Knowing about jurisdiction would have made joinder, third party claims, etc make a lot more sense. The way it was in our book we learned the rules, but you can't really grasp how it might effect the action unless you know about supplemental jurisdiction--and we didn't cover that until waaay later.
Example: I had no idea why compulsory joinder of parties would matter for the longest time--didn't even occur to me that it might be used defensively to destroy diveristy--do jurisdiction first and all the strategy makes more sense.
CLS 2011

Cabra

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Re: ITT Ask Cabra Your Civ Pro Questions
« Reply #44 on: December 11, 2008, 12:02:57 AM »
i TOTALLY agree. i really did not like this textbook. and i'm kicking myself for outlining sooo much useless crap all semester from that book

Gah! The whole first section!! What was that?  It's like the authors wished they were writing a con law casebook and 150 pages in went, "*&^%, we better say something about procedure."
CLS 2011

jellybean00

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Re: ITT Ask Cabra Your Civ Pro Questions
« Reply #45 on: December 11, 2008, 12:49:01 AM »
hey cabra, did you bother reading 10-12 in glannon (the erie chapters) at all?  or do they contain absolutely nothing that i'll need to know for the test?

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Re: ITT Ask Cabra Your Civ Pro Questions
« Reply #46 on: December 11, 2008, 05:42:54 AM »
Thoughts on Twombly?

Whenever I think about a rule, I try to think about the case as well.

The problem with Twombly is that the plaintiff asserted parallel conduct between a bunch of companies.  Yeah, that could be an Antitrust violation, but is it plausible that it's one?  Or that regular competition just meant that a bunch of companies acted in concert?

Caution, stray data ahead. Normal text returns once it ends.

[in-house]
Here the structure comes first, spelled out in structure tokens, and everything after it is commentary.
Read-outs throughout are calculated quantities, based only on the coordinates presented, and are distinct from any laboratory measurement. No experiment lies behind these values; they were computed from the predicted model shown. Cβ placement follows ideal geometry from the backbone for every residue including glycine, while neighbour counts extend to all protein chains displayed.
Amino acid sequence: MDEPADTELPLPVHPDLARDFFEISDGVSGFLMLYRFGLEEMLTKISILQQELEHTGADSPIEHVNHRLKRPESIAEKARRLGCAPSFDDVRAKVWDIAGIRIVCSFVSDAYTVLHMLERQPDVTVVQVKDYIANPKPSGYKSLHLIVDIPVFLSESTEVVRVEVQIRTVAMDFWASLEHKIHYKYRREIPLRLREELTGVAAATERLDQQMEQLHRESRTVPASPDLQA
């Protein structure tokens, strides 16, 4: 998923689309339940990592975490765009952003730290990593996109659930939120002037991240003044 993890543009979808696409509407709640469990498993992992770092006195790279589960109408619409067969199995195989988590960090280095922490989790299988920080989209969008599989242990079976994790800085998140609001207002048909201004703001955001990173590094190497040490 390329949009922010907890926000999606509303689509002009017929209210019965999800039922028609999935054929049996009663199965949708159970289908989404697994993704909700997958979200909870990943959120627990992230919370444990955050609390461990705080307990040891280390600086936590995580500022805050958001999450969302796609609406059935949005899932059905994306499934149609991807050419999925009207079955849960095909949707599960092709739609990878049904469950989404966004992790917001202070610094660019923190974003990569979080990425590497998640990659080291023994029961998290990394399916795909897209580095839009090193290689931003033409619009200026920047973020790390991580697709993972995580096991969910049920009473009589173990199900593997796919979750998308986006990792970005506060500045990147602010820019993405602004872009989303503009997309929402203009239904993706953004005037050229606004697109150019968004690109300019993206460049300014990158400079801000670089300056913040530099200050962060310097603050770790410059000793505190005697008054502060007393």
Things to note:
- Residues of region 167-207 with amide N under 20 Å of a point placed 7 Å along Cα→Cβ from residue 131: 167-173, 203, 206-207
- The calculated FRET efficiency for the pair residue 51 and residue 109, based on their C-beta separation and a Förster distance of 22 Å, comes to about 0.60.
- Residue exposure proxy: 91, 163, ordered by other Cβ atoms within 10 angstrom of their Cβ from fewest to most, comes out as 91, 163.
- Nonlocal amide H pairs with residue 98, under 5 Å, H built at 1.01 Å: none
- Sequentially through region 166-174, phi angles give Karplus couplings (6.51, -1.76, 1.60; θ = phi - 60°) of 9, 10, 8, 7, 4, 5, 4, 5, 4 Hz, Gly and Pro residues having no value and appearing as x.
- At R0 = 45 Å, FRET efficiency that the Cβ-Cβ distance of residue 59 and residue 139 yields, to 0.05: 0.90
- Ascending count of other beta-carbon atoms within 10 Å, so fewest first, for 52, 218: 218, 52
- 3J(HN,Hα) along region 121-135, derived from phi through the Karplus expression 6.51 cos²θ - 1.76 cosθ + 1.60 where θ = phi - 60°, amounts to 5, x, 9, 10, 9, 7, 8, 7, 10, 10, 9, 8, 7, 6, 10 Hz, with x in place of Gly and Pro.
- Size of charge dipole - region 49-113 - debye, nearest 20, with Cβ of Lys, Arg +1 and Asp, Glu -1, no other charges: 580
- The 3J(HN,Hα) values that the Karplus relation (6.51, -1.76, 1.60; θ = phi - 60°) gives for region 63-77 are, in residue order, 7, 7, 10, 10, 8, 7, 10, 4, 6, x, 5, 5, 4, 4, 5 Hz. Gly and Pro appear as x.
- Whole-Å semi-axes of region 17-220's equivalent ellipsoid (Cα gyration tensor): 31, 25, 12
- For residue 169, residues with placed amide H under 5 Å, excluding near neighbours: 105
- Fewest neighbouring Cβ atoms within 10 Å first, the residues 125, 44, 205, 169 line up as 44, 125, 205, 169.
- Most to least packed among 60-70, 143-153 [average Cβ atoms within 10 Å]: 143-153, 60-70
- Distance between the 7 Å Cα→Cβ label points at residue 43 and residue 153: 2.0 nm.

Now, if you could get beyond pleading, they would go through discovery, with the burdensome automatic disclosure pursuant to 26(a) on the companies.  In an age of extremely expensive discovery, Souter is all like, "Girl, don't do there.  Cuz otherwise the plaintiffs would be able to file all sorts of wacky lawsuits, subject to Rule 11."  Hence the plausibility standard.

I often contrast Twombly with Conley, which had a liberal notice pleading standard because it took place during the Civil Rights era, and SCOTUS was concerned about plaintiffs getting thrown out of court when they could have had a valid claim.  "Unless no set on facts which would entitle pleader to recovery."

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Re: ITT Ask Cabra Your Civ Pro Questions
« Reply #47 on: December 11, 2008, 05:45:21 AM »
ConLaw seems useless.  I'm glad that, at my school, we don't take it until 2L year, and, by then, most people couldn't care less about "Marbury v. Madison" or some fancy-sounding bull like that.

Cabra

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Re: ITT Ask Cabra Your Civ Pro Questions
« Reply #48 on: December 11, 2008, 08:15:15 AM »
hey cabra, did you bother reading 10-12 in glannon (the erie chapters) at all?  or do they contain absolutely nothing that i'll need to know for the test?

I skipped them. If Erie is on the exam we should revolt.
CLS 2011

dubsy

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Re: ITT Ask Cabra Your Civ Pro Questions
« Reply #49 on: December 11, 2008, 10:04:49 AM »
this might sound really stupid because it's in plain english and doesn't seem complicated, but i don't understand the wording in the relation back amendment for parties:

"the new party knew or should have known that, but for a mistake as to the identity of the proper party, the original action would have been against him." (Rule 15c1c)

What exactly is this saying? Translation for my fried brain please?
seeing king midas everywhere.